Essays on Experimental Economics
This dissertation consists of two independent essays on experimental economics. The first essay examines how different ways of providing common pool resources affect users' extraction behavior. Common pool resource (CPR) users often face two types of problems to solve: provision problems and appropriation problems. The first essay presents a laboratory experiment to study the choices of CPR users under different provision schemes, in a heterogeneous environment. In the first two treatment conditions, the level of contribution to the provision process is determined exogenously: in the regressive treatment, poor and rich individuals pay equal amounts to the provision of the resource, and in the progressive treatment, the entire provision cost is paid by rich members. Finally, in the endogenous condition, subjects voluntarily choose how much to contribute through the Provision Point Mechanism. The experimental results provide strong evidence for inequality aversion motivating subjects' decisions. Interestingly, inequality aversion motivates subjects' choices differently in the exogenous and in the endogenous provision conditions: under the regressive and the progressive treatments, inequality aversion motivates subjects' extraction choices while in the endogenous treatment, inequality aversion motivates subjects' contribution choices but not their extraction choices. The second essay studies the effect of interim performance information on individual effort choices. Costly effort choices are often made sequentially and over multiple steps. In many situations, individuals who make effort choices do not fully observe how well they are performing during the process. A more informed party may choose to reveal their private information about the agent's performance to the agent. The second essay presents an experiment to study the impact of interim performance information on individuals' effort choices under different incentive schemes. Subjects make costly effort choices in two subsequent stages under convex and concave payment conditions. In No-Feedback treatments, subjects make their second effort choice without knowing the outcome of the first stage, and in Feedback treatment, subjects learn the outcome of the first stage before making their second effort choice. Experimental results show that interim feedback can be used as an effective tool to increase individual effort. However, the extent to which feedback impacts effort depends on the incentive scheme, as well as individual attitudes towards losses and risks.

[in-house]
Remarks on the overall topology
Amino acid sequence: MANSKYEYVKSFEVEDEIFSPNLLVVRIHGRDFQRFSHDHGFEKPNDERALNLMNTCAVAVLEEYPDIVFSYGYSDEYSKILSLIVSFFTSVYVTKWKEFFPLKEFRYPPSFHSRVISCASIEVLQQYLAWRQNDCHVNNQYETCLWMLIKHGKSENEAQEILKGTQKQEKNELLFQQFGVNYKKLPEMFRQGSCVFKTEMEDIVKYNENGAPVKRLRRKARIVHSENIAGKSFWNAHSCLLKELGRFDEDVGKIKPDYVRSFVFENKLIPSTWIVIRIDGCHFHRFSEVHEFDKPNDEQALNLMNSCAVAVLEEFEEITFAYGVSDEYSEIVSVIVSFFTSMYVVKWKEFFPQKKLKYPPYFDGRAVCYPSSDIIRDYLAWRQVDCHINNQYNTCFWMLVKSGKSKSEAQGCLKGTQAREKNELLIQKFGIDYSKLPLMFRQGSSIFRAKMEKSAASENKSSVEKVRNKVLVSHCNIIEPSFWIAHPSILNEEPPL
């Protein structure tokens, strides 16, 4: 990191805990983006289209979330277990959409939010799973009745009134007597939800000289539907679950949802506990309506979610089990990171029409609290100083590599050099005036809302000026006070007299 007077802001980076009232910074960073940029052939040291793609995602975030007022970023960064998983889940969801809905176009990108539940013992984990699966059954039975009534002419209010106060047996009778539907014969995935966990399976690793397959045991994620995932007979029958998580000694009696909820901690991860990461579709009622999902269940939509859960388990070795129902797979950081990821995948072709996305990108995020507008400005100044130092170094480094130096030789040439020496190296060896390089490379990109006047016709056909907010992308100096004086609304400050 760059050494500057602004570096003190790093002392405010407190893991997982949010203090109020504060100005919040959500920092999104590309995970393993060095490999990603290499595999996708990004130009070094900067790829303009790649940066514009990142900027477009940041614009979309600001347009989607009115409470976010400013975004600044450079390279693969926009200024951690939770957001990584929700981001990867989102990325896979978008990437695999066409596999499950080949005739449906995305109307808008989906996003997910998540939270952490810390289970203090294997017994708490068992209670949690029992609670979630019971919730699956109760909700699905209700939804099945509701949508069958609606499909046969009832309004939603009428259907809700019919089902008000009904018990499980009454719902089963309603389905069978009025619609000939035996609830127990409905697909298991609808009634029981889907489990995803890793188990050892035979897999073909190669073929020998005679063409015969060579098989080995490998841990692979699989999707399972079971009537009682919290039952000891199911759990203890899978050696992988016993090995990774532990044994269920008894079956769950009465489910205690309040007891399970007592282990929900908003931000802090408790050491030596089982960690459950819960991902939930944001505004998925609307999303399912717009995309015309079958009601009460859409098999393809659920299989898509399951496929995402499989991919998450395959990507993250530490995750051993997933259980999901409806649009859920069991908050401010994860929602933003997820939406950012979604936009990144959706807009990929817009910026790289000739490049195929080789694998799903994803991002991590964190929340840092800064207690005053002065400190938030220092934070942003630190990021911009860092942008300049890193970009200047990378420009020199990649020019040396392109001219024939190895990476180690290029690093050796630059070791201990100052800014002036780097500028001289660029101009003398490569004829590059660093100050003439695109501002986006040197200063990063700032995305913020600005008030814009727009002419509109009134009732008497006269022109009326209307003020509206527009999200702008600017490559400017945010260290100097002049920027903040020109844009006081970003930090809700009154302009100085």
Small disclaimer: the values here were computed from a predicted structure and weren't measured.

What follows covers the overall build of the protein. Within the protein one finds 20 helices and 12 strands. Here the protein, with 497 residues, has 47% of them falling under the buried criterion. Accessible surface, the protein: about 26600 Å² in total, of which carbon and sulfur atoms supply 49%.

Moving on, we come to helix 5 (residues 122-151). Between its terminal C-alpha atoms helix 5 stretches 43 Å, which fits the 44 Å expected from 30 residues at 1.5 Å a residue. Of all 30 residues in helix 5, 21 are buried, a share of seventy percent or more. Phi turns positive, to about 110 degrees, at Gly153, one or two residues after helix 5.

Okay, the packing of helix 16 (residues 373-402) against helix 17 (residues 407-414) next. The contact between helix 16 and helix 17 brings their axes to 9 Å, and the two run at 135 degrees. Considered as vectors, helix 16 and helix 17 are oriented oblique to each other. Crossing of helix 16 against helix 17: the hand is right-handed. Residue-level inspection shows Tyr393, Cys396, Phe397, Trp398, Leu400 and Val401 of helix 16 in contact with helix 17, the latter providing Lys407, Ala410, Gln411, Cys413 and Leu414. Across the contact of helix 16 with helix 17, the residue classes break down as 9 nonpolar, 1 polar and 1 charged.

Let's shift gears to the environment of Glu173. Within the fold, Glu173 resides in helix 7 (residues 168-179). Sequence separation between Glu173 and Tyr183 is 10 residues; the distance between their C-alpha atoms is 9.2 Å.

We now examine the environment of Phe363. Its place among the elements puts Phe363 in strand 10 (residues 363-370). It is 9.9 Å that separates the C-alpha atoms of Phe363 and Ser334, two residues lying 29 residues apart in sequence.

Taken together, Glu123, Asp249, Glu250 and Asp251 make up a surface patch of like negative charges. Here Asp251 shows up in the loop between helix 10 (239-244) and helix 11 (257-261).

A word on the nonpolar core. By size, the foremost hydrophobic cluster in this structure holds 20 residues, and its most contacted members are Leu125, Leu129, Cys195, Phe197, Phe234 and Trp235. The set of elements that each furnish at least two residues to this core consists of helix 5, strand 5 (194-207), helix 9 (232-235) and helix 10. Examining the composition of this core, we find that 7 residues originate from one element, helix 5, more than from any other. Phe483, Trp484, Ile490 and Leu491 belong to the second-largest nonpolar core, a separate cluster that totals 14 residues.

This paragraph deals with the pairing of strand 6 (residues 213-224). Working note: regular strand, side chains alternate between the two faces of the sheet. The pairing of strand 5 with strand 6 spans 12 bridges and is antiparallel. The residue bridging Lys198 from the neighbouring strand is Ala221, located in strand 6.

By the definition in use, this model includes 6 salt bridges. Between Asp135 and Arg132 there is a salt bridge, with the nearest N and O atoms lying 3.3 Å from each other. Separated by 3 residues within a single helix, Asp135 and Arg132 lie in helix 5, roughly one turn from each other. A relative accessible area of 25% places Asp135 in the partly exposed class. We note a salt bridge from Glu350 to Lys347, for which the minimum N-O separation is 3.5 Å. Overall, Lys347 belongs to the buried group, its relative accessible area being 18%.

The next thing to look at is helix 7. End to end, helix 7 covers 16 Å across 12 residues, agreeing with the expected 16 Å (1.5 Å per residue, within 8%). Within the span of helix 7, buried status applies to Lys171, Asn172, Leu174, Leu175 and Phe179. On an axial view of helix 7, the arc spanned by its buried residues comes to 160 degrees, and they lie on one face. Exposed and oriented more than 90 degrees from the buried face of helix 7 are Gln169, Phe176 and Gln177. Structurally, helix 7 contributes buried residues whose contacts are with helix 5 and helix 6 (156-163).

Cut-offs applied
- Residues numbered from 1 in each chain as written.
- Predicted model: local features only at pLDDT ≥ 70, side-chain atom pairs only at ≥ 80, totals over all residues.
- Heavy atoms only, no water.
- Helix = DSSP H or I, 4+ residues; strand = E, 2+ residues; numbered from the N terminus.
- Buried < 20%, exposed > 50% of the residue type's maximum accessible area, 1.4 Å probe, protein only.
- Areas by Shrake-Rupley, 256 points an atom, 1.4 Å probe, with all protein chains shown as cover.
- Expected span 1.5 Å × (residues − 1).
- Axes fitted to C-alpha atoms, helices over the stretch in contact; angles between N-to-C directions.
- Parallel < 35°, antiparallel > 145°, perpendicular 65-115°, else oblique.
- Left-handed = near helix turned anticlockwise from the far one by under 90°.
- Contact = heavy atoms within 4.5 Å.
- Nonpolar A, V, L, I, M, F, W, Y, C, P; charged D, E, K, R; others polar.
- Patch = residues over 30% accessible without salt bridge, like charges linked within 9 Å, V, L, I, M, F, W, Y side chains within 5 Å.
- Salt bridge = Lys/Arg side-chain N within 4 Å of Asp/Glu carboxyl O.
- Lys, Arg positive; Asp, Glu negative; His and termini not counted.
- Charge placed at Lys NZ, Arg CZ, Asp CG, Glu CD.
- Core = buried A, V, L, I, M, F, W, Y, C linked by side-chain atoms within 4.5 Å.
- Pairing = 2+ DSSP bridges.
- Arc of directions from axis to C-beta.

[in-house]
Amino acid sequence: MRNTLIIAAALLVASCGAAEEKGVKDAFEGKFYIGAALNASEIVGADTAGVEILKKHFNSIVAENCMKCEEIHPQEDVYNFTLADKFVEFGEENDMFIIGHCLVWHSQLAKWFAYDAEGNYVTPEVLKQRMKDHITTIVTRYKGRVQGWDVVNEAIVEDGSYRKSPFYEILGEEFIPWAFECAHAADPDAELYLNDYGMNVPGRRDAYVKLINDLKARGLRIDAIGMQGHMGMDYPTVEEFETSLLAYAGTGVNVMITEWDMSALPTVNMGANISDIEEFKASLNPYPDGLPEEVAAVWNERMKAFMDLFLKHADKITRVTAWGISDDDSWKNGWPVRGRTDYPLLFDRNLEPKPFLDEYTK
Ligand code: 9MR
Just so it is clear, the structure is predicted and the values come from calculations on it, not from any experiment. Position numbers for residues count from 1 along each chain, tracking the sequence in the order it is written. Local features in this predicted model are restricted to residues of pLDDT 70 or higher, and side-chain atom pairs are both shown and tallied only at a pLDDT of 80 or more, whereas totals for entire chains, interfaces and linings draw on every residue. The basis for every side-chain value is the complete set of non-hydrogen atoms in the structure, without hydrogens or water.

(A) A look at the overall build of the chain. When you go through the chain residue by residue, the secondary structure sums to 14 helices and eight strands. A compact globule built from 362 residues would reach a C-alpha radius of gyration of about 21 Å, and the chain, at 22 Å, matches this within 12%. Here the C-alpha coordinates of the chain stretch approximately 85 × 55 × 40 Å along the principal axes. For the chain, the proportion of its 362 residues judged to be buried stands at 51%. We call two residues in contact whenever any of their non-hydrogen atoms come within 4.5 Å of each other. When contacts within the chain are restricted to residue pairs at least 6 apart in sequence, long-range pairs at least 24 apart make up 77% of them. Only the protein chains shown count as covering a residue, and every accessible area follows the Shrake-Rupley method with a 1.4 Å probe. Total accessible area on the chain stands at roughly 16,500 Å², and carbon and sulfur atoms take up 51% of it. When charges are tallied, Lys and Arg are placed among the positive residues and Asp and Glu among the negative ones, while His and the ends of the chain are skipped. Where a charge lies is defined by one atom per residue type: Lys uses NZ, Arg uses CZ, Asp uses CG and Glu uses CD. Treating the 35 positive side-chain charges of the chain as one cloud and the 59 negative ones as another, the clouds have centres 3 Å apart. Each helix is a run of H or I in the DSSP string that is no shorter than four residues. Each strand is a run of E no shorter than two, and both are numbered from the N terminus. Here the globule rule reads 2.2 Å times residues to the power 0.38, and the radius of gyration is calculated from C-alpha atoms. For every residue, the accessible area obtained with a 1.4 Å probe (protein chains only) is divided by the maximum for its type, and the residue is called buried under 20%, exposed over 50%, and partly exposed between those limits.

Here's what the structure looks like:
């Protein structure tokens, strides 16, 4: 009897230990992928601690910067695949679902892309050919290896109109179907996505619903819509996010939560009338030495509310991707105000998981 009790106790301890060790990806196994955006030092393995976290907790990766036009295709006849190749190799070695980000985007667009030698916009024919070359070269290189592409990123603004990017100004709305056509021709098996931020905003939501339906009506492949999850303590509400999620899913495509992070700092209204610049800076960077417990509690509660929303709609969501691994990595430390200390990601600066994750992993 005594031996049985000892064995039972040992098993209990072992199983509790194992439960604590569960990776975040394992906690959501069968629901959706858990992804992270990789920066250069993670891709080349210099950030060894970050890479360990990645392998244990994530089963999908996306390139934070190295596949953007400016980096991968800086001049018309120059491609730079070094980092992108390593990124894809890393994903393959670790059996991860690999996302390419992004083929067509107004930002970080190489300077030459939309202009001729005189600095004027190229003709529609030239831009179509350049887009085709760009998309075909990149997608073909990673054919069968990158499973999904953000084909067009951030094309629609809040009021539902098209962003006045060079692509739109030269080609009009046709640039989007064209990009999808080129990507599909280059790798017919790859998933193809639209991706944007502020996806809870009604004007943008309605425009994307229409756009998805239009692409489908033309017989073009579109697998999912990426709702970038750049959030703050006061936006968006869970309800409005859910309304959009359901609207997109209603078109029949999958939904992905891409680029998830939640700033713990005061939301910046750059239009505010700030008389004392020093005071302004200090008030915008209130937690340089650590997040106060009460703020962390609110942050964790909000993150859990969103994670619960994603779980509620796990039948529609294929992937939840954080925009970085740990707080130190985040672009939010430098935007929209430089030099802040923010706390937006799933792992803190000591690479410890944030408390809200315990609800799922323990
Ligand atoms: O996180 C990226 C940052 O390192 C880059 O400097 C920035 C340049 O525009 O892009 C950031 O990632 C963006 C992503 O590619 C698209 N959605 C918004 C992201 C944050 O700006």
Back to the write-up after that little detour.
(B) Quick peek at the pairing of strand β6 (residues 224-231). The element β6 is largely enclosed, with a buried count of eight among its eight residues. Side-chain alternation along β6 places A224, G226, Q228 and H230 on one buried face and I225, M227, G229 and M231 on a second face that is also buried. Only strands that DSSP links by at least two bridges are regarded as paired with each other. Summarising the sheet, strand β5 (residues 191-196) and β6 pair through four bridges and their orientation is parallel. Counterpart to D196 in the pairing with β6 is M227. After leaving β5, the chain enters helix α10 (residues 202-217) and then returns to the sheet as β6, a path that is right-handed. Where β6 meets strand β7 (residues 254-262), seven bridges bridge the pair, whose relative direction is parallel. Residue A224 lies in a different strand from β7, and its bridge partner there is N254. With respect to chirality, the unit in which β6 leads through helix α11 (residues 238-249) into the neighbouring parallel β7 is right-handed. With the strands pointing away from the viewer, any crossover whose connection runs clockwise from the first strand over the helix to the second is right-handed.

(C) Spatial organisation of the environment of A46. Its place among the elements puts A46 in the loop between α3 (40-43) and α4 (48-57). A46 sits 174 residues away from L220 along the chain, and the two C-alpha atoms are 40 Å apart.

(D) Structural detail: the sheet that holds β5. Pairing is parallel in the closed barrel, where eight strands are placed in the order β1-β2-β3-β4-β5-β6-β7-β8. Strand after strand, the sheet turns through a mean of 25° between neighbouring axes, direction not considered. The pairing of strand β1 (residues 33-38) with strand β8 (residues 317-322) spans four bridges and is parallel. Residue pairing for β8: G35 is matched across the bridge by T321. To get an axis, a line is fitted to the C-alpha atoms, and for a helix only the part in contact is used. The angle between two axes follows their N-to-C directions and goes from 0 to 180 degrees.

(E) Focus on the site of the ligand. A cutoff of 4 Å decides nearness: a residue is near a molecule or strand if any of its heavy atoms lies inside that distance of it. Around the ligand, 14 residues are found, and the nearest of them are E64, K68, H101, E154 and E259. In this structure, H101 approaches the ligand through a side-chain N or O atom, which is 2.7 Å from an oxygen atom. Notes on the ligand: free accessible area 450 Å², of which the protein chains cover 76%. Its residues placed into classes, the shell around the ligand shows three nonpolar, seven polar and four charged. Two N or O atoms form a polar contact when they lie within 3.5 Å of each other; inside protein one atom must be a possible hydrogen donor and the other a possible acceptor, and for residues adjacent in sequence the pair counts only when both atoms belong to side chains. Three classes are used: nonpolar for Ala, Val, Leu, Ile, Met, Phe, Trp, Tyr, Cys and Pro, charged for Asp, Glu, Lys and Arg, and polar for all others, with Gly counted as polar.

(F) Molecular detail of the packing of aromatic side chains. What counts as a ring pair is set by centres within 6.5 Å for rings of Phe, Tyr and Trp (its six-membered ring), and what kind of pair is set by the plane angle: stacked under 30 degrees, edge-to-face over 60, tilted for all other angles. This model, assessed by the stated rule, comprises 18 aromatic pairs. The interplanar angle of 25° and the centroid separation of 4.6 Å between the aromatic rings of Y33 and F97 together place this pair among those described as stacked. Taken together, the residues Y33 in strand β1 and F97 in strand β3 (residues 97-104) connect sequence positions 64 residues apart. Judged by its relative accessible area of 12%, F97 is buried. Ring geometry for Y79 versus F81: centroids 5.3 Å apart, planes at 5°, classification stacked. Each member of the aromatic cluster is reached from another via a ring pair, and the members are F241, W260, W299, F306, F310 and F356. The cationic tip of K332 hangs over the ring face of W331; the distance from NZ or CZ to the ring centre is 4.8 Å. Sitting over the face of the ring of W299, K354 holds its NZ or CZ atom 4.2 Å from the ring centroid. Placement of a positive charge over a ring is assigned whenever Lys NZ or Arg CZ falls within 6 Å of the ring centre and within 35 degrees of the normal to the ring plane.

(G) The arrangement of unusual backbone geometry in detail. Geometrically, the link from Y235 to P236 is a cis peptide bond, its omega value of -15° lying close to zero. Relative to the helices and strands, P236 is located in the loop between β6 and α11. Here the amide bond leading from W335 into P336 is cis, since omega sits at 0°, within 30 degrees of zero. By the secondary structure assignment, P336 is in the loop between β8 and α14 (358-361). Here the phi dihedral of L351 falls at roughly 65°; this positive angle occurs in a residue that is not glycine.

Cason, Purdue University.
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